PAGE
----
The Australian War Memorial has launched a new online exhibition, 3D Treasures, featuring three-dimensional digital scans of 25 objects from the National Collection.
The first of its kind for the Memorial, 3D Treasures is an interactive online gallery. Each three-dimensional image is complemented by curated information that presents the history and the story of each object.
Memorial Director Matt Anderson said 3D technology provides an opportunity for audiences to view these rare treasures from every angle, at a level of detail that is almost impossible to achieve in a traditional museum setting.
“It has never been more important for the Memorial to find innovative ways to engage new audiences online. The use of 3D technology gives people the chance to explore objects they normally don’t see in great detail, and understand the stories behind them.
“One of the more remarkable stories in 3D Treasures is the dress of Sister Vivian Bullwinkle, a nurse in the Second World War, who incredibly survived after she was shot during the Banka Island massacre.
“Online visitors can see the detail of the fabric in Vivian Bullwinkle’s dress and the bullet holes from where she was shot. It is a poignant reminder of the horrors of war and the sacrifices so many have given in service to Australia.
“This online exhibition ensures that no matter where you are in Australia, or the world, you have access to the Memorial and its collection,” Mr Anderson said.
Financial support for the online exhibition was provided to the Memorial by its corporate partner Boeing Australia. Dr Brendan Nelson, President of Boeing Australia, New Zealand and the South Pacific, said the company is proud to support the exhibition which includes objects with which he has a personal connection.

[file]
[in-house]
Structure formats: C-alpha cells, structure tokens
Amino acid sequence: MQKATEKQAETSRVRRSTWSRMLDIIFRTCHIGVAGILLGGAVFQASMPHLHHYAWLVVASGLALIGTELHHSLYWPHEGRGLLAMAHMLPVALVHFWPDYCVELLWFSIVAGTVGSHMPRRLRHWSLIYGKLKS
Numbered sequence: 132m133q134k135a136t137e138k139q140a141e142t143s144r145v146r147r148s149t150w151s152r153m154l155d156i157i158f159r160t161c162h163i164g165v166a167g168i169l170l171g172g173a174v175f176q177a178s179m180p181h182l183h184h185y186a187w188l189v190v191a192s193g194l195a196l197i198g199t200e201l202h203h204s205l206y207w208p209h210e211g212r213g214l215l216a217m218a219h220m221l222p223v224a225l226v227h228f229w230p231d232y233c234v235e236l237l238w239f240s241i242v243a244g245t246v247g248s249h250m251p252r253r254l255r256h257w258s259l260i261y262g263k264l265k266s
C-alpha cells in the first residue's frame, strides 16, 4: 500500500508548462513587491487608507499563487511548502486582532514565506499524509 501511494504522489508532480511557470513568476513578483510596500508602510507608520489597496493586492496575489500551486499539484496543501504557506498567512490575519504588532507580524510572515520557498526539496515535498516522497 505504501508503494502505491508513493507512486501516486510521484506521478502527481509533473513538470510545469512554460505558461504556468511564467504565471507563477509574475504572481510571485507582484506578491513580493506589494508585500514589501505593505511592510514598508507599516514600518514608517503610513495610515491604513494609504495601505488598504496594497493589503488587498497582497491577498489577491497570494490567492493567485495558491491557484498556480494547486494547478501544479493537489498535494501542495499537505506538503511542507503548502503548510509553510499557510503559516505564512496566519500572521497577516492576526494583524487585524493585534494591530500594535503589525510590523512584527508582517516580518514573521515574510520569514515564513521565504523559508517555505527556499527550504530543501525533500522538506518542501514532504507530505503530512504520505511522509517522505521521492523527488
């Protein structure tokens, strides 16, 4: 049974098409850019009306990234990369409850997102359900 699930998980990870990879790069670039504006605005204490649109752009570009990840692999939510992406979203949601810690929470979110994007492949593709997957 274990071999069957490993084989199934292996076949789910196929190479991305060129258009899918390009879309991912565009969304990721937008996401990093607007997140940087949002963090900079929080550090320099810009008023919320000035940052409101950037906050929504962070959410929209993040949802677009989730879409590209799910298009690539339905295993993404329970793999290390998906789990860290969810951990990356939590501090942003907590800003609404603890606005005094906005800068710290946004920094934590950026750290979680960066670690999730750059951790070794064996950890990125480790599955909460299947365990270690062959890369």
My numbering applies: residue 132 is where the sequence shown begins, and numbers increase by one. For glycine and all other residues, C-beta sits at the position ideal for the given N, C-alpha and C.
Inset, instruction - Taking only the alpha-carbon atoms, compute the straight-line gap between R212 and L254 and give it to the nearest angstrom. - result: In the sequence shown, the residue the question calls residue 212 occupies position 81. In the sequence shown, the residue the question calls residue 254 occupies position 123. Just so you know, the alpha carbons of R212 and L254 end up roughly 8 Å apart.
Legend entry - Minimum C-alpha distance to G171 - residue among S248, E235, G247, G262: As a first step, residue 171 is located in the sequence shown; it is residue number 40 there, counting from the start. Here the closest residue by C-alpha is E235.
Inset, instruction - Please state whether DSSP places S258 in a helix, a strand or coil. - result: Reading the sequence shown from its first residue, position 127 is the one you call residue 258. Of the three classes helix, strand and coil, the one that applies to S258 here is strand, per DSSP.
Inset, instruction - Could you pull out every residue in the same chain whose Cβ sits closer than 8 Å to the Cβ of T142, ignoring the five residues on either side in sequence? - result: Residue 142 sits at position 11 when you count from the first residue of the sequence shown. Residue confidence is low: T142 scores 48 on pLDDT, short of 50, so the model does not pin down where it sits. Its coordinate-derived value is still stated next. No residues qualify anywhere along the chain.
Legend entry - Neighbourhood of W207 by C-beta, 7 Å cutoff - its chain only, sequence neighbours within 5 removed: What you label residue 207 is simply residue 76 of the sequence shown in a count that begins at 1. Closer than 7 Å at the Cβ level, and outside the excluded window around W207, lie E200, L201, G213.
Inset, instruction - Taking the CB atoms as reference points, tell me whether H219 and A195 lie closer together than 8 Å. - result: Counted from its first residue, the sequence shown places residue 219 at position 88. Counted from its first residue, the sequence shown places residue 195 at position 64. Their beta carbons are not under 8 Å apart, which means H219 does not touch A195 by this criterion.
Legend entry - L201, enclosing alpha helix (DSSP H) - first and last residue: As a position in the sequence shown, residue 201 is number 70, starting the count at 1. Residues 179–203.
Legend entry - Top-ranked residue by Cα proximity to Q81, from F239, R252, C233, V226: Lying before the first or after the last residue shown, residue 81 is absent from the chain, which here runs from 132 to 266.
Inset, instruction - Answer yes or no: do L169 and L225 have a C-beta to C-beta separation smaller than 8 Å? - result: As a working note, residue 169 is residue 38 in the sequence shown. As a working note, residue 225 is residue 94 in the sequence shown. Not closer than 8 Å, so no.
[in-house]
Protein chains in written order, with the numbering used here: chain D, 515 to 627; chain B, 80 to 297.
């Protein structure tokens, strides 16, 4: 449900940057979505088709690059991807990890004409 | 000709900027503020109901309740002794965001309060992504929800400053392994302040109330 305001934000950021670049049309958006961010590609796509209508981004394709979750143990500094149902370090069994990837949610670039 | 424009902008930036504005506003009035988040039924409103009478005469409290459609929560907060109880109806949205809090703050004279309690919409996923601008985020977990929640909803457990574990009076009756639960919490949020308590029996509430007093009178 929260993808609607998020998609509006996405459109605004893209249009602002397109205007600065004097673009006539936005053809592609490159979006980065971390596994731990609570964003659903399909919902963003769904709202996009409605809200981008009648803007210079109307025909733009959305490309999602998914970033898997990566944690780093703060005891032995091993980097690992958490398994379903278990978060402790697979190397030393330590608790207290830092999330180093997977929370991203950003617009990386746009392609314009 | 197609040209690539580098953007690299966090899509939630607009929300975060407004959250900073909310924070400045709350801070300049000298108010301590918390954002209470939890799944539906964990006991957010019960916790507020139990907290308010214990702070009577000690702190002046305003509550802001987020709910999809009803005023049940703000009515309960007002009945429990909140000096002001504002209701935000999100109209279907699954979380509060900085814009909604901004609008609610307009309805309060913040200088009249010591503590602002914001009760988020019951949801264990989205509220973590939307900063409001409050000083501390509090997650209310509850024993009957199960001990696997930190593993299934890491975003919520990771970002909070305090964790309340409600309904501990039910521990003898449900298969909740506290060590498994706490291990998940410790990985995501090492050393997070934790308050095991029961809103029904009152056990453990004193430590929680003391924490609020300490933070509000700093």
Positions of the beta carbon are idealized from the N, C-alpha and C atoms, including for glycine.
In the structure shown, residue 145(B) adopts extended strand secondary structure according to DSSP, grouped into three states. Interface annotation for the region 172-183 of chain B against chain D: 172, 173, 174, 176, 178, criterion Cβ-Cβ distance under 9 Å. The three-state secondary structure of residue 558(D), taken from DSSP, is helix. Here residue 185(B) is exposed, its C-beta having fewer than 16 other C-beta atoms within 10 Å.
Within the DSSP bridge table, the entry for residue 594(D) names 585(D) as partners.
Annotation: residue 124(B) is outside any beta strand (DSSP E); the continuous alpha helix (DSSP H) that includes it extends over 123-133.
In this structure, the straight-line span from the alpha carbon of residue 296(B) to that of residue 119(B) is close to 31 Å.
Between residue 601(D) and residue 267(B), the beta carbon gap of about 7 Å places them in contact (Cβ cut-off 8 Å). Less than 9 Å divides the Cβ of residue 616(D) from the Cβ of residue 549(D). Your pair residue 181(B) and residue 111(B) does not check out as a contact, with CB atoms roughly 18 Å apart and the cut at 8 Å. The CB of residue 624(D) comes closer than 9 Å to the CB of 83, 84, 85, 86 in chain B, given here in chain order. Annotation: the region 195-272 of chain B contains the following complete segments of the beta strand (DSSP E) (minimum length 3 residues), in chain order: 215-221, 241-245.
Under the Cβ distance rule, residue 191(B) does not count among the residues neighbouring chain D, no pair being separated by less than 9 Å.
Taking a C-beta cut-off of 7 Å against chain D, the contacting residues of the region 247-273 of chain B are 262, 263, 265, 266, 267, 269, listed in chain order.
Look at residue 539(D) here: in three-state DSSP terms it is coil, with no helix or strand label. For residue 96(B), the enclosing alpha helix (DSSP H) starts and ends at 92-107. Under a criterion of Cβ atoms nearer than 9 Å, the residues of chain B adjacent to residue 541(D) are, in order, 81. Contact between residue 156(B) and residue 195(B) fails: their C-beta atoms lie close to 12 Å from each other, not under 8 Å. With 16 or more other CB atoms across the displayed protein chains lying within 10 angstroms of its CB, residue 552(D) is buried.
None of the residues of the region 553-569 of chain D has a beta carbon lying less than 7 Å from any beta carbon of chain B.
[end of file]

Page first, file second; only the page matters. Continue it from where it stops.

“For sixteen years, Boeing has been committed to helping the Australian War Memorial explore new ways to tell the many compelling stories of Australia’s wartime experiences,” he said.
“One of the heart-rending objects in this online exhibition is the cowling from the Black Hawk helicopter that crashed in Afghanistan on 21 June 2010. It was used as a makeshift stretcher to carry the bodies of three dead Australian commandos from the wreckage. To be able to examine this object in three-dimensional detail means that their story continues to be told; I know how much this means to the families of Private Benjamin Chuck, Private Timothy Aplin and Private Scott Palmer.”
3D Treasures features collection items dating from the Boer war to contemporary conflicts. Some items, such as the Bullwinkle dress and the Black Hawk cowling, are also on display at the Memorial.
Other items, such as a camera from the First World War, an artificial leg from Changi and a PASGT Helmet worn by Corporal Aaron Ruteledge in East Timor, will be the viewed by the public for the first time.
Another 25 objects will be added to the online exhibition over the coming year. 3D Treasures is online now and can be viewed at www.awm.gov.au/3DTreasures.